The Balkans: Energy Independence or Energy Interdependence?

Members (back) and candidates (blue) of the European Energy Community (view larger version). Graphics by Ssolbergj. This map is subject to a Creative Commons license.

March 10, 2010
By Ana-Maria Boromisa
By Ana-Maria Boromisa

The aim of energy policy is to secure a reliable and sustainable supply of energy for economic and social development. As roughly 50% of the EU’s energy supplies come from without the Union, there is a high risk regarding the availability and accessibility of energy resources. Diversification of sources and routes might lessen the problem, provided investments are sufficiently protected. Thus, the aims of the EU’s external energy policy are: Enabling access to mineral resources (via stable transit countries); ensuring sufficient protection of investments; and establishing definitive procedures for the settling of disputes. On the other hand, the EU and its member states are trying to decrease their dependency on fossil fuels by developing climate-friendly energies, by increasing the economic viability of green technologies, by limiting the negative environmental impacts of energy production, and by exploring markets for their technologies and services.

Diversification of sources and routes

Instruments for the EU’s external energy policies include bilateral arrangements with Russia, Norway, and the US, as well as regional treaties, e.g. the Baku initiative, the Eastern Partnership, and the Union for the Mediterranean. The EU is also trying to reach legally binding agreements that regulate the access to markets, the rules of trade, transit, protection of investments, intellectual property, and environmental measures. The Energy Community Treaty is such an instrument. It is the first multilateral treaty between the European Union and the countries of South East Europe. The aim of the Energy Community is to establish an integrated energy market with the same set of rules as within the European Union (“extension of the acquis communautraire”). The members of the Energy Community have committed themselves to adopting relevant EU legislation relating to energy, competition, and the environment, i.e. to liberalise the energy sector, implement market-oriented reforms, change pricing policy, and restructure the energy industry.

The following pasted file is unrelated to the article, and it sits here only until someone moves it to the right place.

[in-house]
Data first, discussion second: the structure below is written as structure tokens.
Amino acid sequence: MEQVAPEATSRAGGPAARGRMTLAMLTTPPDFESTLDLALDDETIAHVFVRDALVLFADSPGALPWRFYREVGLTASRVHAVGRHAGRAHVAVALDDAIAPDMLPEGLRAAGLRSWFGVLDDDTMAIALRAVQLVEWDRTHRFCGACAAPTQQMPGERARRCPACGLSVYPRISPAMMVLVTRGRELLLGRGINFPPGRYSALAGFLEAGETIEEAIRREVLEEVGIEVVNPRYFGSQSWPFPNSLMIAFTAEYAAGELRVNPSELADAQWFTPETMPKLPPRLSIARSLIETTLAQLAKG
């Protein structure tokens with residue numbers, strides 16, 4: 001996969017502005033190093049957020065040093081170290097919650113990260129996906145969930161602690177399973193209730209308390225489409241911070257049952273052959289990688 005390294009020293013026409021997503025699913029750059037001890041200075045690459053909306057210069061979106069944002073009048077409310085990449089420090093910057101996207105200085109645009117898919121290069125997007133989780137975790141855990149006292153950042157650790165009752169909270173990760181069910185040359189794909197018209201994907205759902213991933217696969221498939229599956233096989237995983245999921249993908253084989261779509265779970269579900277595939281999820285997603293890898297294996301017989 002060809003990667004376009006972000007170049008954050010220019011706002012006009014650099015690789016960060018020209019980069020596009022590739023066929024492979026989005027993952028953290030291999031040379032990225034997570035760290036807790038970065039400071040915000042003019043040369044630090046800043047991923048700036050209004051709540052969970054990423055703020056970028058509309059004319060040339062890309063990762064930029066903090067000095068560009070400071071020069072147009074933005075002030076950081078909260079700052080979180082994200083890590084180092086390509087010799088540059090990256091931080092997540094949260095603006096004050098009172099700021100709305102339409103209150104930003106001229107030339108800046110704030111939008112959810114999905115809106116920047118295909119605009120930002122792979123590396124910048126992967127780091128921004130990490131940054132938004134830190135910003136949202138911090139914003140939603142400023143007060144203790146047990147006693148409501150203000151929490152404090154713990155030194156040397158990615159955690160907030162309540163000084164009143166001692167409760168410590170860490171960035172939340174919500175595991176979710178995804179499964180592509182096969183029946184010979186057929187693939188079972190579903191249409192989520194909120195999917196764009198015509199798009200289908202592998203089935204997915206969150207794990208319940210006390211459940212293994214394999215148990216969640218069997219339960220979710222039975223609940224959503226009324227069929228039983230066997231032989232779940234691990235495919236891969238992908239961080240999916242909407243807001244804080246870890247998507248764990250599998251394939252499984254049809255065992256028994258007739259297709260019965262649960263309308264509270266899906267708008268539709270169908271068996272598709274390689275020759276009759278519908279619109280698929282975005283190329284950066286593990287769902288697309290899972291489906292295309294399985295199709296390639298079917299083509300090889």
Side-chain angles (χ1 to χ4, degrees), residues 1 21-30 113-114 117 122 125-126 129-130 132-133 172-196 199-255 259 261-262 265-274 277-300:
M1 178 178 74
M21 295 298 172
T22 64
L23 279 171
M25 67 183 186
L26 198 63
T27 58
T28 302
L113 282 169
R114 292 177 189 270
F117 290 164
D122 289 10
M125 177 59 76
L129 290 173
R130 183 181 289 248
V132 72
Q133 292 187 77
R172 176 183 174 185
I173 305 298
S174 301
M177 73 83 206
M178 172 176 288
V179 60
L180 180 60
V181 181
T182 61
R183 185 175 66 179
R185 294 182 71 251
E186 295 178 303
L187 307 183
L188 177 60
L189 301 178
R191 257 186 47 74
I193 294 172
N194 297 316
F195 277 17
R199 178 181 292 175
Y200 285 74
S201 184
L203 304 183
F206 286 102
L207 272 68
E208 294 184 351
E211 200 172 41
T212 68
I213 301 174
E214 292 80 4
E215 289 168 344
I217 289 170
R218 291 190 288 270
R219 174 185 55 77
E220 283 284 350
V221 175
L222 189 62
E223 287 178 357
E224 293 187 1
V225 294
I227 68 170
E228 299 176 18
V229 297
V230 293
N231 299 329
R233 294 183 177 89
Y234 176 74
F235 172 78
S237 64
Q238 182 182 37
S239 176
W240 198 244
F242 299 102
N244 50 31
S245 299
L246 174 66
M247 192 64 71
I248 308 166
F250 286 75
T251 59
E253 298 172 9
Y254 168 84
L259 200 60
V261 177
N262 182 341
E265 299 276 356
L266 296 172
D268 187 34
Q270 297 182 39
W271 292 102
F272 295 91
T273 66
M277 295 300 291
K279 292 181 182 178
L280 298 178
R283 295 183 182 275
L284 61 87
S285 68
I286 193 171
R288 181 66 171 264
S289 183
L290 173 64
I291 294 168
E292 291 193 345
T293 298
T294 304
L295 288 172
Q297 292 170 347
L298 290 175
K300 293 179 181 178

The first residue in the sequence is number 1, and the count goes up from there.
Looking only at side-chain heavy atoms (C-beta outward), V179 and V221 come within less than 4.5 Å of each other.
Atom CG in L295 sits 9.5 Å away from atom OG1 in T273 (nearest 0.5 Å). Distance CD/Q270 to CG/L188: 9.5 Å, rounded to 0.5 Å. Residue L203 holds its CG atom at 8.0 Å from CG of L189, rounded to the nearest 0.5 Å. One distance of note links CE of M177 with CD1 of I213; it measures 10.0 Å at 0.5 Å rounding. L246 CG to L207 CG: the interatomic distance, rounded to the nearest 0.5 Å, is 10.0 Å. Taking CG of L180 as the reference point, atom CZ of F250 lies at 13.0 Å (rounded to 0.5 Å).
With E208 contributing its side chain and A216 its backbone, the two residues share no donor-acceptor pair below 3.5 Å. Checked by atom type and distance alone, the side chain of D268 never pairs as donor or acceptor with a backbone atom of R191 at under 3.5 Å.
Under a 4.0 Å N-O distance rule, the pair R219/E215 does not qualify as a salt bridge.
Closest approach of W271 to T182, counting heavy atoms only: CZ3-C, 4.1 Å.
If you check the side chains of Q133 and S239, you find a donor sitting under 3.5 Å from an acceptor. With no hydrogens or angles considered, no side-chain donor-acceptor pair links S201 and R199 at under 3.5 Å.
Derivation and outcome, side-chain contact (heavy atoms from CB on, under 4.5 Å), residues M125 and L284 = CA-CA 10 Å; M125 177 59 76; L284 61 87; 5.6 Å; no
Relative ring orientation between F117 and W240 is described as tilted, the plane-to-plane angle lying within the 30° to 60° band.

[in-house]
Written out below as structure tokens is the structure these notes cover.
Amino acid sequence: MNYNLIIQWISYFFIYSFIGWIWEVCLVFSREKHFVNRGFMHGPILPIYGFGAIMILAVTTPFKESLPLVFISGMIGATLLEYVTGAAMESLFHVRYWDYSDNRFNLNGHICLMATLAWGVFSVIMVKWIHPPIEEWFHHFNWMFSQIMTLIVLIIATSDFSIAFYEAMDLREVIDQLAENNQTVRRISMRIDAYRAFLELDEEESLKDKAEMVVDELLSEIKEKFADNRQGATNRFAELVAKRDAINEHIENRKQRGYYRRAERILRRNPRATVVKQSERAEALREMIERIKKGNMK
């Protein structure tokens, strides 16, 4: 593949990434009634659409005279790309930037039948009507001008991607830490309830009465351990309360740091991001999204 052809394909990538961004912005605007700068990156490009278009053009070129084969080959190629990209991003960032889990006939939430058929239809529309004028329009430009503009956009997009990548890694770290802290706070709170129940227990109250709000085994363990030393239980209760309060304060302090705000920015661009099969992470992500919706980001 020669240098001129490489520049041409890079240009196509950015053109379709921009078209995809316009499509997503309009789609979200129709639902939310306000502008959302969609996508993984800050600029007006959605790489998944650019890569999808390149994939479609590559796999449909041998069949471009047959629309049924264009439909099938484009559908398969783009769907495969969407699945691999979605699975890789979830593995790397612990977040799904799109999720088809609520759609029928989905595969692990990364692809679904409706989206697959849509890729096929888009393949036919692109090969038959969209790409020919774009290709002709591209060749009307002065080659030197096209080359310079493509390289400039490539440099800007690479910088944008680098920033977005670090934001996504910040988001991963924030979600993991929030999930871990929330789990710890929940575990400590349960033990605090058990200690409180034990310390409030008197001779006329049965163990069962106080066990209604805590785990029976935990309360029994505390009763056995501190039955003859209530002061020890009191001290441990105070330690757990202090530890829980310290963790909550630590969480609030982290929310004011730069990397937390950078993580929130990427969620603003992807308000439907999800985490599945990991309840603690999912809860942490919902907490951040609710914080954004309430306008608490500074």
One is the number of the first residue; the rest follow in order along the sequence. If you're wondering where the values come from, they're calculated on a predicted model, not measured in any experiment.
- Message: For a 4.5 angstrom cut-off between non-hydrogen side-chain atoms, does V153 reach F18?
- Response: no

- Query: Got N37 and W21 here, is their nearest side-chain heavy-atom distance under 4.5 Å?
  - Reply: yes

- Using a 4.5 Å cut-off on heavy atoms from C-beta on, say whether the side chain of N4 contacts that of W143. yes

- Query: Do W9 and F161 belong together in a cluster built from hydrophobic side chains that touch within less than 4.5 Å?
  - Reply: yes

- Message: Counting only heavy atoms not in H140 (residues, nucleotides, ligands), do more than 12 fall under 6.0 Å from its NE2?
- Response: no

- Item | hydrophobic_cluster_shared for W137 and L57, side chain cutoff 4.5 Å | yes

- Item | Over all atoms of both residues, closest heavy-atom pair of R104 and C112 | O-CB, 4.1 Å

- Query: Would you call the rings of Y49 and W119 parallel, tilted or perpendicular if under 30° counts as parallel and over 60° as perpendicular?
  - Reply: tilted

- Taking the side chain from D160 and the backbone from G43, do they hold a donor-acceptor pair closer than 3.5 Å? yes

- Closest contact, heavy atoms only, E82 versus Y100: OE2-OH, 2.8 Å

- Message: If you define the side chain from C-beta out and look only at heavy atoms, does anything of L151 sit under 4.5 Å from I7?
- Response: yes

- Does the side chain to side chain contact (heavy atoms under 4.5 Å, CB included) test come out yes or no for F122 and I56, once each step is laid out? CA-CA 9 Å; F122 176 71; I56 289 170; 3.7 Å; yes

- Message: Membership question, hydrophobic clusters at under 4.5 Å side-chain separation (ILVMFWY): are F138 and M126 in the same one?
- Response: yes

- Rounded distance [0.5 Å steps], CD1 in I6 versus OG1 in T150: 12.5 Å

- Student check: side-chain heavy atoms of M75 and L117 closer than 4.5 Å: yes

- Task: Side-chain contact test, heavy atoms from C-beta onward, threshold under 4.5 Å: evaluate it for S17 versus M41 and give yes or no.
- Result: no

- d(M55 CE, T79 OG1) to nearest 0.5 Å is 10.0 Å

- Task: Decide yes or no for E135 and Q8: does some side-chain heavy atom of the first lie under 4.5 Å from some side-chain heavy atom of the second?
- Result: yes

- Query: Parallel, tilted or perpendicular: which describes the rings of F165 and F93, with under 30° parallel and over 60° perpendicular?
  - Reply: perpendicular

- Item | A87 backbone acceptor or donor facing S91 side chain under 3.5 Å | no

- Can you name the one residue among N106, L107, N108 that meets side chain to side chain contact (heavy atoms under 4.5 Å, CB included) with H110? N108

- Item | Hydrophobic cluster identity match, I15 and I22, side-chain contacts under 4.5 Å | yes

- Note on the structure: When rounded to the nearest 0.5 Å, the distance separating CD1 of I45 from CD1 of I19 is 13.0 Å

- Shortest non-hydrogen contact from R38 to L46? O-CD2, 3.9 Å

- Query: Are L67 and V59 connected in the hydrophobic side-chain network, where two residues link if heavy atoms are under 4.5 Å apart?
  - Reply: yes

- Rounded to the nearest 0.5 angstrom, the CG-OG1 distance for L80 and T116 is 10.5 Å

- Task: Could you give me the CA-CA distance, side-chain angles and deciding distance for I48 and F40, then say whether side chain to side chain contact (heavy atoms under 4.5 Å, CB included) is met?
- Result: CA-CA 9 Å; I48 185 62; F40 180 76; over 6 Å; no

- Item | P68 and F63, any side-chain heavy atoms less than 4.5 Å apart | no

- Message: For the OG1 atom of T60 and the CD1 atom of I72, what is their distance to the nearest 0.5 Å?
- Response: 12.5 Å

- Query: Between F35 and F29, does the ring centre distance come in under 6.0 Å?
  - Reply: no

However, it is to be expected that the liberalisation of prices (as to reflect true costs) will lead to a rise in prices and that a restructuring of the energy industry will cause job losses. It is likely that this will significantly decrease the affordability of energy and thus lead to energy poverty. On the positive side, it is expected that alignment with EU rules will provide a stable regulatory framework and attract investments, which in turn will enable economic development. It is uncertain which of the two factors will prevail – the main challenges facing energy policy (availability, accessibility, affordability, and acceptability) are all interlinked.

Balancing sustainable energies and social justice

Improvement in one area can lead to deteriorations in others. To balance divergent energy policy goals and to harmonise them with other policies (e.g. sustainable development, protection of the environment, social justice, employment, investment, privatisation) is a complex task that requires careful sequencing and implementation.